When we got home, Mary greeted us at the door. She looked around us and starting sniffing us and our shoes. We could tell she was looking for Jane. We didn't have any way to tell her she wasn't going to be back. She's handled it pretty well so far, although she'll whine now and again for no apparent reason.
We are handling it OK too. It's the little things that get you. Walking down the hallway and not hearing her tail bang on the bathtub like it used to, not seeing her stick her little head out around the corner of the bathroom door while we're watching TV, like she's just checking to make sure we're still there, feeding Mary and only preparing one bowl, seeing her purple leash on the floor in the closet because we just can't throw it away.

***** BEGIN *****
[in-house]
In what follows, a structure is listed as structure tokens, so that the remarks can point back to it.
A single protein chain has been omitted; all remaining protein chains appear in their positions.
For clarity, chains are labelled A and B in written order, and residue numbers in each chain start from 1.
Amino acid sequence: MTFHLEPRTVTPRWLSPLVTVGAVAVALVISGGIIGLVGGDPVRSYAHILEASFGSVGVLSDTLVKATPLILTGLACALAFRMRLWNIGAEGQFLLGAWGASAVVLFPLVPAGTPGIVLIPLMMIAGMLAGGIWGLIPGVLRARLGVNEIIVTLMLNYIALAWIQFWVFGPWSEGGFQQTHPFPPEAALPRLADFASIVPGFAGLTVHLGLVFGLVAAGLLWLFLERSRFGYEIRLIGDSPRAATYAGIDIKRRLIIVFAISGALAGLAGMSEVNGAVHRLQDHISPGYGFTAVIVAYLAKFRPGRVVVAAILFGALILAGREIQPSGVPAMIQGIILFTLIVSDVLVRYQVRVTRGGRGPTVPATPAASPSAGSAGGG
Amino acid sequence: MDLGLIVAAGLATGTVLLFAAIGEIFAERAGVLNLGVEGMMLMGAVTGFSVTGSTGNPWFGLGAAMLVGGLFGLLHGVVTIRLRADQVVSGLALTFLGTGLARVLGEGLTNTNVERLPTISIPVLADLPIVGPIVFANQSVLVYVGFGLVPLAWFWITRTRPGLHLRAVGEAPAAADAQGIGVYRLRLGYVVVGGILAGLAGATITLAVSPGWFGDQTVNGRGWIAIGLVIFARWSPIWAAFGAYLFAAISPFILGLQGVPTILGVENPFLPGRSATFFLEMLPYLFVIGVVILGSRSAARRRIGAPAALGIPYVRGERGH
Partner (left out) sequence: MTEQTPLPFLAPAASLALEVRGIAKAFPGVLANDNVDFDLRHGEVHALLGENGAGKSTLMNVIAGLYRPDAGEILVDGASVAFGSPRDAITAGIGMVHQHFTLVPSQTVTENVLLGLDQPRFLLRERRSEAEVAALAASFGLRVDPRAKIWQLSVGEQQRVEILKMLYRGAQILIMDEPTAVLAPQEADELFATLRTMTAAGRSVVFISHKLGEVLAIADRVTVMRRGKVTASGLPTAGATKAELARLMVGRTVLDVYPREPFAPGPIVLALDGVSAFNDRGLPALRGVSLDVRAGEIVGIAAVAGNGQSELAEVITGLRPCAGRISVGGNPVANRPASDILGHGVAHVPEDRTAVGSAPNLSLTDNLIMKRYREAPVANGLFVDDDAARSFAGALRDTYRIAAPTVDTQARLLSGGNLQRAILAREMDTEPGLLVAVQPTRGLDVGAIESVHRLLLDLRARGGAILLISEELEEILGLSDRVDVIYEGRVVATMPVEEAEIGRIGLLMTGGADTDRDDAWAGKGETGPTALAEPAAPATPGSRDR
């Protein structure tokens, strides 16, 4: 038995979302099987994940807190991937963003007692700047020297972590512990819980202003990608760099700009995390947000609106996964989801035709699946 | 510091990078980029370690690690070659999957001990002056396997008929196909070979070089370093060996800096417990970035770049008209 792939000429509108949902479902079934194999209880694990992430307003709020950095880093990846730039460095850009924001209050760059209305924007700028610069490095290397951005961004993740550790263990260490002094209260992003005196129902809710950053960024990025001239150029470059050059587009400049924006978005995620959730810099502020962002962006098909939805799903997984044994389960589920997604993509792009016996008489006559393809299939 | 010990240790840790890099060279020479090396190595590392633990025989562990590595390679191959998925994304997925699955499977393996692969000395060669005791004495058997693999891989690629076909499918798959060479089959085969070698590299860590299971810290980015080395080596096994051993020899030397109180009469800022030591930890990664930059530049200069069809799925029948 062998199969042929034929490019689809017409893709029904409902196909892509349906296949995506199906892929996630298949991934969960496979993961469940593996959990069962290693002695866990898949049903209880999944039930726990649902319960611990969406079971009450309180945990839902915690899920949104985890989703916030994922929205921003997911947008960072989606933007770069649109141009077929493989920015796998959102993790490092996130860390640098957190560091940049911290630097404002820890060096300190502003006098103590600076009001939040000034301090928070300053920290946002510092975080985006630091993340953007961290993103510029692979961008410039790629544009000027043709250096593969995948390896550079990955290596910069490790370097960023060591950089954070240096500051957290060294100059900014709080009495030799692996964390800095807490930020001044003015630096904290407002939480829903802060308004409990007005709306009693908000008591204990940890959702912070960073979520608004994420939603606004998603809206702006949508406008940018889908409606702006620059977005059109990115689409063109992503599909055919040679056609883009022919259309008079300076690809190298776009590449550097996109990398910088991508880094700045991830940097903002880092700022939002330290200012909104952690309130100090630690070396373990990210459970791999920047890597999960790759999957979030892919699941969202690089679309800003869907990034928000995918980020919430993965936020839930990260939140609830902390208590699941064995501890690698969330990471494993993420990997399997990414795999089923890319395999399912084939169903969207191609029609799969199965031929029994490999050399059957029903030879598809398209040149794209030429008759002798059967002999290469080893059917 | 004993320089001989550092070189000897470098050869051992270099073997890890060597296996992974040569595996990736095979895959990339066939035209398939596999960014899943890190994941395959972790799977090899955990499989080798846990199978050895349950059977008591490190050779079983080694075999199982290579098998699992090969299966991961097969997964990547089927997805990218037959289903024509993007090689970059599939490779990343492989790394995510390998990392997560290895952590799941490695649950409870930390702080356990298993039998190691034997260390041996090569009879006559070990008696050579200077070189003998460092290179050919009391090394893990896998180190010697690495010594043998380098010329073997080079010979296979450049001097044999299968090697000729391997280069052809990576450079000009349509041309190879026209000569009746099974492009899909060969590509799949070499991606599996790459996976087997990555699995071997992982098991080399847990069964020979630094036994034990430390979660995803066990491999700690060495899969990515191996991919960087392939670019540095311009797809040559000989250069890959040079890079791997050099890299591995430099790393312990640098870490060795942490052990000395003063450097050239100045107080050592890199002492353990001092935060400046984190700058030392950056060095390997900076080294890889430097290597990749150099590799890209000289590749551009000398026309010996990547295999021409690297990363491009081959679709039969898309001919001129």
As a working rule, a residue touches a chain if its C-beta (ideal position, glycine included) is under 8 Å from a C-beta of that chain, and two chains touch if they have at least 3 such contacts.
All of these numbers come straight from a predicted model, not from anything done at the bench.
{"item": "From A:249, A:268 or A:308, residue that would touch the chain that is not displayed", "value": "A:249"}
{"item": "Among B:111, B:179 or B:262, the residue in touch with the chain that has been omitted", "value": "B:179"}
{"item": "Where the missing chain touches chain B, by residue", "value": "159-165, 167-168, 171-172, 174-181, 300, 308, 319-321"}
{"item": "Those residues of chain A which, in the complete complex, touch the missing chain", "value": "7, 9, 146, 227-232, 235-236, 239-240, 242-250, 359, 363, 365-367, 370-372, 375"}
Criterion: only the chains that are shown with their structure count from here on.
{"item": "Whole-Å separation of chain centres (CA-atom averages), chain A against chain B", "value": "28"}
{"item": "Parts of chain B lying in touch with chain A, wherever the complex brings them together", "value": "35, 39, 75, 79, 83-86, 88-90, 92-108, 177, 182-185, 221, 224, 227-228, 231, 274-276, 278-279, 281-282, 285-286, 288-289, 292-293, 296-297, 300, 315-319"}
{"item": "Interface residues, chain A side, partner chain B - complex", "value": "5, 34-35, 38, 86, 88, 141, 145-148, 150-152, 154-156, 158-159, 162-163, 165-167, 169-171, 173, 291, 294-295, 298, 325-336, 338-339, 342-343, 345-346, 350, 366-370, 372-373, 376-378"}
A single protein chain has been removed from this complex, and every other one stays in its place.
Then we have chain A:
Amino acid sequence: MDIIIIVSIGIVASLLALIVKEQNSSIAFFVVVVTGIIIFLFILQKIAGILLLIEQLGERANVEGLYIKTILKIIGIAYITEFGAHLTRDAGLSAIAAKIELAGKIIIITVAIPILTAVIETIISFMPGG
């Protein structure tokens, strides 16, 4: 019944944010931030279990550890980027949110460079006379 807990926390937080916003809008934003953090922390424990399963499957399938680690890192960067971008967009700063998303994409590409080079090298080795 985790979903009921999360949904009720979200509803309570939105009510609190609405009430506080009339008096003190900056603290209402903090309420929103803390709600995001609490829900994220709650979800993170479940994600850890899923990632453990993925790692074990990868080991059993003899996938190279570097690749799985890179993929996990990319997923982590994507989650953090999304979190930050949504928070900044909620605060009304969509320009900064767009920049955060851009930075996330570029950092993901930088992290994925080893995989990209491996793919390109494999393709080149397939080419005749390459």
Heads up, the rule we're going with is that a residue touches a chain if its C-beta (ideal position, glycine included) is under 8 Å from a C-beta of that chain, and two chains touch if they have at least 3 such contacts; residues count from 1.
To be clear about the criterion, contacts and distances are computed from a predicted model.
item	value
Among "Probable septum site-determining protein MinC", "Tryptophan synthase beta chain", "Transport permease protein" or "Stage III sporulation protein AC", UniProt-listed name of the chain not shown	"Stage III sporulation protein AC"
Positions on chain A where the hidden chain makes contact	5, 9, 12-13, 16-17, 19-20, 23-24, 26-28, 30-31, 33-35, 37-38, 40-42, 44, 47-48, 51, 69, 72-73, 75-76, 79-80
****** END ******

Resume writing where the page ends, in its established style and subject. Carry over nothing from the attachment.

If you made it this far, thank you, it's been cathartic for me to write. I've included some pictures of her and her with Mary. For those of you with animals, give them an extra hug for Jane tonight and set a date to do that one thing with them you've always wanted to but never seem to find them time. For dog owners, take them to that dog park, on a walk, or on that trail you've always wanted to hike. For cat owners, hmmm, this is a hard one, buy yourself a laser pointer and mess with them. Everybody wins with that one!
September 2000 - November 28, 2008